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  1. Take a Behind-the-Scenes Look at One of Our Favorite Radio Shows and Podcasts, Bullseye With Jesse Thorn

    Remember, every Geekosystem post has a signature subheader.

    Bullseye With Jesse Thorn is arguably one of the best radio shows around, and it's an argument we've made a few times on this site. The show and its host Thorn seek to bring listeners the very best in pop culture, and this new video takes a behind-the-scenes look at how and why the show is made. Let's go.

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  2. Watch This Awesome Short Film About Evil Action Figures Getting Their Comeuppance

    This is like if Toy Story were really dark and really short, and also made you want to fight crime.

    Vimeo user Paul Constantakis has released a new short film, Villainous, and it's a must-see. More a suggestive glimpse into the secret lives of our crime-fighting heroes -- and their dastardly foes -- than a narrative story, the two-and-a-half-minutes nonetheless hints just enough at the epic battle that we have missed to whet our appetite for more.

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  3. Vimeo Gives Pro Users Options to Make You Pay Per View

    Do you like Vimeo more than YouTube? Well, it may be time to put your money where your mouth is, because Vimeo has beaten YouTube to the pay-per-view game, so you could soon find yourself paying for your favorite Vimeo videos. Like the YouTube plan announced a few weeks ago, this doesn't mean Vimeo is going to an entirely paid service. They're just giving their Pro users the option to charge, but unlike YouTube, I think Vimeo producers might actually take them up on it.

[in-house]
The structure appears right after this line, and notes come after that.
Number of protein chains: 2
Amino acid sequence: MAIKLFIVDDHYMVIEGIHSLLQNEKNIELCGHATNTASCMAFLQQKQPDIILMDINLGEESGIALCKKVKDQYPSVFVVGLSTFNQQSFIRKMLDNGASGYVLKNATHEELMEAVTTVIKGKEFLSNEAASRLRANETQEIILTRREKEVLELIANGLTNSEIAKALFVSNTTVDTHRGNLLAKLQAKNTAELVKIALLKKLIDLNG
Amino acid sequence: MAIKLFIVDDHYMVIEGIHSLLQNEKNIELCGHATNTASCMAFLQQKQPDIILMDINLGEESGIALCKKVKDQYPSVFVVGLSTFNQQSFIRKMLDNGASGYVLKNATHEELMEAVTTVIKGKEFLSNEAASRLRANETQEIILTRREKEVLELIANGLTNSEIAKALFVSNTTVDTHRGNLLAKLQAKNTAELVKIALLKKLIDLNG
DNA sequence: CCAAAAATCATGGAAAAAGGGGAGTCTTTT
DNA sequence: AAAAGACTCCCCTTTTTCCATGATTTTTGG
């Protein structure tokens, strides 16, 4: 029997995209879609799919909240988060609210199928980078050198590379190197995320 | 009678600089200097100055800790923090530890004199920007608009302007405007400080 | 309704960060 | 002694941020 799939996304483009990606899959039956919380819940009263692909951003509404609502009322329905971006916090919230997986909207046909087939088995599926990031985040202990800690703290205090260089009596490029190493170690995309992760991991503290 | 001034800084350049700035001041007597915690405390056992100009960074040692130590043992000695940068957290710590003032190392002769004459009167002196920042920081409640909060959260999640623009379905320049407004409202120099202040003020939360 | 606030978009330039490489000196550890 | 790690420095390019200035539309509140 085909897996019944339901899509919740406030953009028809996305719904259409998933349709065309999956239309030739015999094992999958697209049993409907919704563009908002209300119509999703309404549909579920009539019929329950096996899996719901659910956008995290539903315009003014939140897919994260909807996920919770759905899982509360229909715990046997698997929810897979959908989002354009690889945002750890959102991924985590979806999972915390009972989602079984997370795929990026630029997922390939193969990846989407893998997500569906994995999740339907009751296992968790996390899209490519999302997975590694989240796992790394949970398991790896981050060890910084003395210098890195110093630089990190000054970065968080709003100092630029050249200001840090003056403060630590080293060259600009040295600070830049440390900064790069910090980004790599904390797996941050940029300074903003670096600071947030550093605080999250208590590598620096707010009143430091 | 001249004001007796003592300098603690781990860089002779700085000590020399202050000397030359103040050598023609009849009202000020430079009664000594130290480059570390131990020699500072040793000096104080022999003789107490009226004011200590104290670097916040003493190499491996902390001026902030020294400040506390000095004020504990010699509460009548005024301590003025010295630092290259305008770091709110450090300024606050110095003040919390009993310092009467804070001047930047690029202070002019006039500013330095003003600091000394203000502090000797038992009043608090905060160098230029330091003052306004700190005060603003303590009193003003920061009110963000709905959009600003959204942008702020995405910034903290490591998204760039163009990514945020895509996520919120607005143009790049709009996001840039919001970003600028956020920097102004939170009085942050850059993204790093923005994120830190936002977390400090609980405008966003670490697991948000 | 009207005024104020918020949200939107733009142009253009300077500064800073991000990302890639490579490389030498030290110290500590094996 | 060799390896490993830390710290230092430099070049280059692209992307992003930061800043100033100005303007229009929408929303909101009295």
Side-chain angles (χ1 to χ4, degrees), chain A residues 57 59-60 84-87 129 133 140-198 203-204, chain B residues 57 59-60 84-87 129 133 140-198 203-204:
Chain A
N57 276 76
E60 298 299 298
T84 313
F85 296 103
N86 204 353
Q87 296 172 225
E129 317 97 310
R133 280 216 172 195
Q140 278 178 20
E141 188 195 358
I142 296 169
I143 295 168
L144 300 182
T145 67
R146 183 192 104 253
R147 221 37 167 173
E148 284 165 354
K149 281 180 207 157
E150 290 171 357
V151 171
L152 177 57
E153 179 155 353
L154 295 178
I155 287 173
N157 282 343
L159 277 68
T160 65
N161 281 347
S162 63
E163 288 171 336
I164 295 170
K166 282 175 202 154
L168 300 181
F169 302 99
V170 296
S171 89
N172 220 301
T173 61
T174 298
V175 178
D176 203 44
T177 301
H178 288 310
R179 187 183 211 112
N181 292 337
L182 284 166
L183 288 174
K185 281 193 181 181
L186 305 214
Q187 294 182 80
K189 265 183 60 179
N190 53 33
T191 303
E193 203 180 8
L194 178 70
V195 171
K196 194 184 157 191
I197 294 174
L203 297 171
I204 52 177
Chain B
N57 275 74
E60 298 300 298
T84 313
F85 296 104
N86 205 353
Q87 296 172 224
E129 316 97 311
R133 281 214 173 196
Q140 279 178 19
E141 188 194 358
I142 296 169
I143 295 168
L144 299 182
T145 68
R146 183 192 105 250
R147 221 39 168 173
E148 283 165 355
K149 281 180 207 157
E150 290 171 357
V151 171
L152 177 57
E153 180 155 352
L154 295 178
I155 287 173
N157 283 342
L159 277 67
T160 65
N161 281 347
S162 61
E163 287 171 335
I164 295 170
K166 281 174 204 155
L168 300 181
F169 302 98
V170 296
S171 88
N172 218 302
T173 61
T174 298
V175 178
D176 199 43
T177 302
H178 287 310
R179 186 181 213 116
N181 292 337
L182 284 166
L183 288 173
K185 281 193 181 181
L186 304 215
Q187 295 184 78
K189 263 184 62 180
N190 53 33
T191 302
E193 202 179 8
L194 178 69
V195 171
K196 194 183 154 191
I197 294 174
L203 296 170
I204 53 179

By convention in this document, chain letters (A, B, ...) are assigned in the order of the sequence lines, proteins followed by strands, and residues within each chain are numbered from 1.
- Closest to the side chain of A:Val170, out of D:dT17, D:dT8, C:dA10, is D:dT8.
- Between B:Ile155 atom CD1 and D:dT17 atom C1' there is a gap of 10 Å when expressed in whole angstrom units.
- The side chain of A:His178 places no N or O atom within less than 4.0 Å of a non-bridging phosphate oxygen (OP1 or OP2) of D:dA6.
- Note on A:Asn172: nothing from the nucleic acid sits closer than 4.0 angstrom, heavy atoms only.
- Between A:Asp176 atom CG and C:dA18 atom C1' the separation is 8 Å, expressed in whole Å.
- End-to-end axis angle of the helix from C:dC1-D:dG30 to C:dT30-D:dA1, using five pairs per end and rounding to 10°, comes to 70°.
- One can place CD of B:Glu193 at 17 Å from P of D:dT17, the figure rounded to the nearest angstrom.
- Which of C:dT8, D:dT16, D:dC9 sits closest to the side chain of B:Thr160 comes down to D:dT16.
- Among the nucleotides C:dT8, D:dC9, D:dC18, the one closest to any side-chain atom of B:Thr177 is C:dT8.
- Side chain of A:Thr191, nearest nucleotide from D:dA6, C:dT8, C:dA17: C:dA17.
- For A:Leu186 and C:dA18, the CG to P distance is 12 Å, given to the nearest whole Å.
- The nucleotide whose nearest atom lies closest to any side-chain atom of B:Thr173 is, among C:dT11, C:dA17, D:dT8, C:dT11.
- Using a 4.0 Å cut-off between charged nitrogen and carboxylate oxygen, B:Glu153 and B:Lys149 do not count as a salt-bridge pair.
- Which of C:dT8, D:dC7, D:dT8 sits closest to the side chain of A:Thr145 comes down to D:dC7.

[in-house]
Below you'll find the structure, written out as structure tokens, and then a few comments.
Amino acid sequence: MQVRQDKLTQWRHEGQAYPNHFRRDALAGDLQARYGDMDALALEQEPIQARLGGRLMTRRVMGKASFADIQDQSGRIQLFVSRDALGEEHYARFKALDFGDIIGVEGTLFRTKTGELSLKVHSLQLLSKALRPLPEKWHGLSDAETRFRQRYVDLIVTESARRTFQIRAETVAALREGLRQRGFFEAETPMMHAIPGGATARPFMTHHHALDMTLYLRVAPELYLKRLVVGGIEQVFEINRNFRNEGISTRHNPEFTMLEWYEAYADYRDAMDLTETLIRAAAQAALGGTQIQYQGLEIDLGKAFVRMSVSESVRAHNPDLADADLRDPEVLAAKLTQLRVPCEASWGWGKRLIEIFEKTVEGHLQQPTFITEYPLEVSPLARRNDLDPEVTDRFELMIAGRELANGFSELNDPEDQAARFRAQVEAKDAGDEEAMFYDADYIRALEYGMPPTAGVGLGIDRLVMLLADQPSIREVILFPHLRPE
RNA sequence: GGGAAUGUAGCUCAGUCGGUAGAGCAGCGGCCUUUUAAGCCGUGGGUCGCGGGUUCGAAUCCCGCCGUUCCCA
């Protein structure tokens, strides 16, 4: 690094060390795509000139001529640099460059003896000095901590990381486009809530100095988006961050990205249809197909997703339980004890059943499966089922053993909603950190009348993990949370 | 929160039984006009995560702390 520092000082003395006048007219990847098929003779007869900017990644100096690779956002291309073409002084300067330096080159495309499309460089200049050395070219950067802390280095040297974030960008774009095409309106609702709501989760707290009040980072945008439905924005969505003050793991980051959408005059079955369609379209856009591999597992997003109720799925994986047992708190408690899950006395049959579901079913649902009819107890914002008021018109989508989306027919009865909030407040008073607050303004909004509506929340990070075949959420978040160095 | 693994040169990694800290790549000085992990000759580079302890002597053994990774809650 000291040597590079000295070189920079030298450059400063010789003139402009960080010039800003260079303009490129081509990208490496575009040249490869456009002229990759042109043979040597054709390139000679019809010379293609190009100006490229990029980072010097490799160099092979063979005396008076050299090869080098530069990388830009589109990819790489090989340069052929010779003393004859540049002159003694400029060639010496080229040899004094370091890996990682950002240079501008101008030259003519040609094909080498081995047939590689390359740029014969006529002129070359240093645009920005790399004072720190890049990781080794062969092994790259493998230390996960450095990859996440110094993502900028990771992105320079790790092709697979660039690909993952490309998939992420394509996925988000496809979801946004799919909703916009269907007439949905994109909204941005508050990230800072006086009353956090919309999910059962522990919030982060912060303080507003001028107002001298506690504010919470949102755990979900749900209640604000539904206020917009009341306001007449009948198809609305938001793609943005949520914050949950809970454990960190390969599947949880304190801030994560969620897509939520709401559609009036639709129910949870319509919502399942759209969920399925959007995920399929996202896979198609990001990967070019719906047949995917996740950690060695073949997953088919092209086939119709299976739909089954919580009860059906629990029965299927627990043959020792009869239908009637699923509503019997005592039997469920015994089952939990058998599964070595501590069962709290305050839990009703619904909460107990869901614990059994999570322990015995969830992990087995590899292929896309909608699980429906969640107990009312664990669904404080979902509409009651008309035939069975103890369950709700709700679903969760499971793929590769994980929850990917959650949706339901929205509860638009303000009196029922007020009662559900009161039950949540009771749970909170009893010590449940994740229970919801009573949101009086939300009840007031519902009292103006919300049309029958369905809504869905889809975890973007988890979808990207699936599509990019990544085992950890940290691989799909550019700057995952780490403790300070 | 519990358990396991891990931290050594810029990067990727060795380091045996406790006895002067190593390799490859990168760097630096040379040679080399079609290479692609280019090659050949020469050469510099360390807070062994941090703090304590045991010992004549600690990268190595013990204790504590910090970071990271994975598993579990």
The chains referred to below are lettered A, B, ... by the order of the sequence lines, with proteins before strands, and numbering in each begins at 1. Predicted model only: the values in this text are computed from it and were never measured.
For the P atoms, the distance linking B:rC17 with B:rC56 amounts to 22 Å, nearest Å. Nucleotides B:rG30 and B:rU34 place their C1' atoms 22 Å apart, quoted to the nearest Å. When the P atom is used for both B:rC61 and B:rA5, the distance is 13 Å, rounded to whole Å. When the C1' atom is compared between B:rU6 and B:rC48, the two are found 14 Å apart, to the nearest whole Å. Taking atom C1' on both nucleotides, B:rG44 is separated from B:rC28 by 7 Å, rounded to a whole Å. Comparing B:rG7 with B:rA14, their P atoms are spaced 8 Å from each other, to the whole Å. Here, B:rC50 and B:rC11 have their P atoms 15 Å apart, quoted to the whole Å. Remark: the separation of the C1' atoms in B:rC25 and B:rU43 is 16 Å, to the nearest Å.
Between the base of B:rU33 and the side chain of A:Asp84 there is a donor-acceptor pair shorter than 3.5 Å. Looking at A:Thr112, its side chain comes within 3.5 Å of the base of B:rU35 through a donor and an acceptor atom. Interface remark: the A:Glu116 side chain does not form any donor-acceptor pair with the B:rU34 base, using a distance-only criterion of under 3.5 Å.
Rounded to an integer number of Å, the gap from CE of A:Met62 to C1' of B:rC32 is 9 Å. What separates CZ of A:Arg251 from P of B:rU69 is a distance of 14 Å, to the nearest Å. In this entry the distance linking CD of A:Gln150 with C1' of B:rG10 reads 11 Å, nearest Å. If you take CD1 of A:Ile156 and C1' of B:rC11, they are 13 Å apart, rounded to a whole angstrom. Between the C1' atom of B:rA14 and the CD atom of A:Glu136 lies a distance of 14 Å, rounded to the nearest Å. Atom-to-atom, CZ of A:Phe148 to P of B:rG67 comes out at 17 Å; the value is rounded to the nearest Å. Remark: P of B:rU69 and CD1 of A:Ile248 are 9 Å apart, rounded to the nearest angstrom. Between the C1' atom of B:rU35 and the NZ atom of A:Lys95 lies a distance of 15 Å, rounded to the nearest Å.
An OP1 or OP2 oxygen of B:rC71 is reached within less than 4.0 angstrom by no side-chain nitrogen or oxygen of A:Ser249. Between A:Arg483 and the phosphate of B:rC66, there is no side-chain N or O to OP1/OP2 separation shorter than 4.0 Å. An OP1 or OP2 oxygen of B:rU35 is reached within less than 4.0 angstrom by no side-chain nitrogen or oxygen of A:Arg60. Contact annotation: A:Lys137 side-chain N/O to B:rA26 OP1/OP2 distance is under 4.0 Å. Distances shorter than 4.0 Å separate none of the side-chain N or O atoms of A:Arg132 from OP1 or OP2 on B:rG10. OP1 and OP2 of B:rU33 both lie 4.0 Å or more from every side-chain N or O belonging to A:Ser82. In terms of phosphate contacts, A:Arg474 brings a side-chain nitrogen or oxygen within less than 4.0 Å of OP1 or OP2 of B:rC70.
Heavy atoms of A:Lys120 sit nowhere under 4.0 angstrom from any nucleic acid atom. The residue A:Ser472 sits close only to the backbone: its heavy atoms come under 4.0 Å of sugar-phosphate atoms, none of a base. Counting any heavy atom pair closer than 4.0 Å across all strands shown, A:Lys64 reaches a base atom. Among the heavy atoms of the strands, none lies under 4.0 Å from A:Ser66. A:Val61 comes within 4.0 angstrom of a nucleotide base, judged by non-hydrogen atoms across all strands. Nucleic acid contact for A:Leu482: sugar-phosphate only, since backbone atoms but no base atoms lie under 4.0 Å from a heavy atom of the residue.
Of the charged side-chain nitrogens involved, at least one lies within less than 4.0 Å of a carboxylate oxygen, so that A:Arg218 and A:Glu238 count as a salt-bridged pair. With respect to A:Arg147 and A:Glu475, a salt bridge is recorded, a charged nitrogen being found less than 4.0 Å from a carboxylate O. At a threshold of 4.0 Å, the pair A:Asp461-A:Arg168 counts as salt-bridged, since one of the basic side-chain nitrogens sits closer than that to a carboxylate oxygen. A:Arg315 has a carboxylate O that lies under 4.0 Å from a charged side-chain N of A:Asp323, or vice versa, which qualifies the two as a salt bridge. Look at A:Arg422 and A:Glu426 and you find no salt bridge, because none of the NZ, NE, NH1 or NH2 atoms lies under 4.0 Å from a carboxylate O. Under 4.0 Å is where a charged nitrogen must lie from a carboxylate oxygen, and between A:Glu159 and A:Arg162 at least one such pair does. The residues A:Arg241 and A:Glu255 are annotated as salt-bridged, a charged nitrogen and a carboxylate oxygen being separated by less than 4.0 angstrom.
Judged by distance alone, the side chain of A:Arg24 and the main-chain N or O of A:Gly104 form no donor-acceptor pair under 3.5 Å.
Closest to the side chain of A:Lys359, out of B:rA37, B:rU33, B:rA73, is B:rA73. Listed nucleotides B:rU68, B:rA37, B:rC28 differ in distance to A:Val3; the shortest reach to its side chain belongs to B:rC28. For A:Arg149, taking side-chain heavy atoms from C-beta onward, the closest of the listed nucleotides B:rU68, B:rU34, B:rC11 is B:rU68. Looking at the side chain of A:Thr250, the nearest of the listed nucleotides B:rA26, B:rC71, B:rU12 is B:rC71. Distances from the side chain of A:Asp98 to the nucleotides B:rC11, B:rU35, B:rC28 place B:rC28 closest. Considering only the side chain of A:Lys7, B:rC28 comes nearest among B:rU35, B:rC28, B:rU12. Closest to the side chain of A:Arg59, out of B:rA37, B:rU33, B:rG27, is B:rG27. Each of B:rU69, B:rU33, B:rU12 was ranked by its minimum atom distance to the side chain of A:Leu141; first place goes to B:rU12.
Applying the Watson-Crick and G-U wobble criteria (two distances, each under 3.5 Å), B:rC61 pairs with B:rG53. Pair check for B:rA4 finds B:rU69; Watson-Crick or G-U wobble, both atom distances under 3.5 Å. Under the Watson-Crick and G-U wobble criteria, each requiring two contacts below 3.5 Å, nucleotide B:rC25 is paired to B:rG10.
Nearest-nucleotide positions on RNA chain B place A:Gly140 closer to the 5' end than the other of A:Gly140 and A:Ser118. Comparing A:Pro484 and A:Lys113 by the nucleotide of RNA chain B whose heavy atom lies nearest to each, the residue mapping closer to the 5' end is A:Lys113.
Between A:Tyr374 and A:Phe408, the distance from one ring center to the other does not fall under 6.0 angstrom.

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  4. Stanley Kubrick Sure Enjoyed the One-Point Perspective [Video]

    Say what you want about Stanley Kubrick, but the man certainly had a certain visual style. Part of his obsessive visual panache was the consistent repetitive use of the one-point perspective. Essentially, the one-point perspective is a manner in which three-dimensional objects can be represented in an image by having intersecting vertical and horizontal lines radiating from a single point. Though you might not know it, you've seen this particular perspective over and over again in a myriad of ways. Over on Vimeo, user kogonada has spliced together a short video highlighting Kubrick's love for it.

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  5. Vimeo's Weird Terms of Service Prohibit Gameplay Videos Unless Users Pay $200 a Year

    It looks as if Vimeo is cracking down on gameplay videos, in what seems like an odd move for the service. In carving out a niche for itself in a world that is dominated by streaming giant YouTube, Vimeo has taken some interesting approaches to video hosting. You can't repost a video you found on the Internet or elsewhere, the rules regarding non-sexual nudity and nudity for artistic expression are more lax, and there is an increased focus on video ownership. Vimeo does not like gameplay videos, though.

    The Vimeo Upload Guidelines definitely do say that gameplay videos are not allowed, although game developers are allowed to post progress videos, and machinima is acceptable if there is sufficient story involved. While this apparently hasn't been a problem before, it looks like Vimeo is starting to crack down. However, there is a course of action for Vimeo users with gameplay videos who don't want to migrate to YouTube: Pony up for $200 for a year of Vimeo PRO. That's where things get a little weird.

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  6. The Profile of Video-Sharing Users in America [Infographic]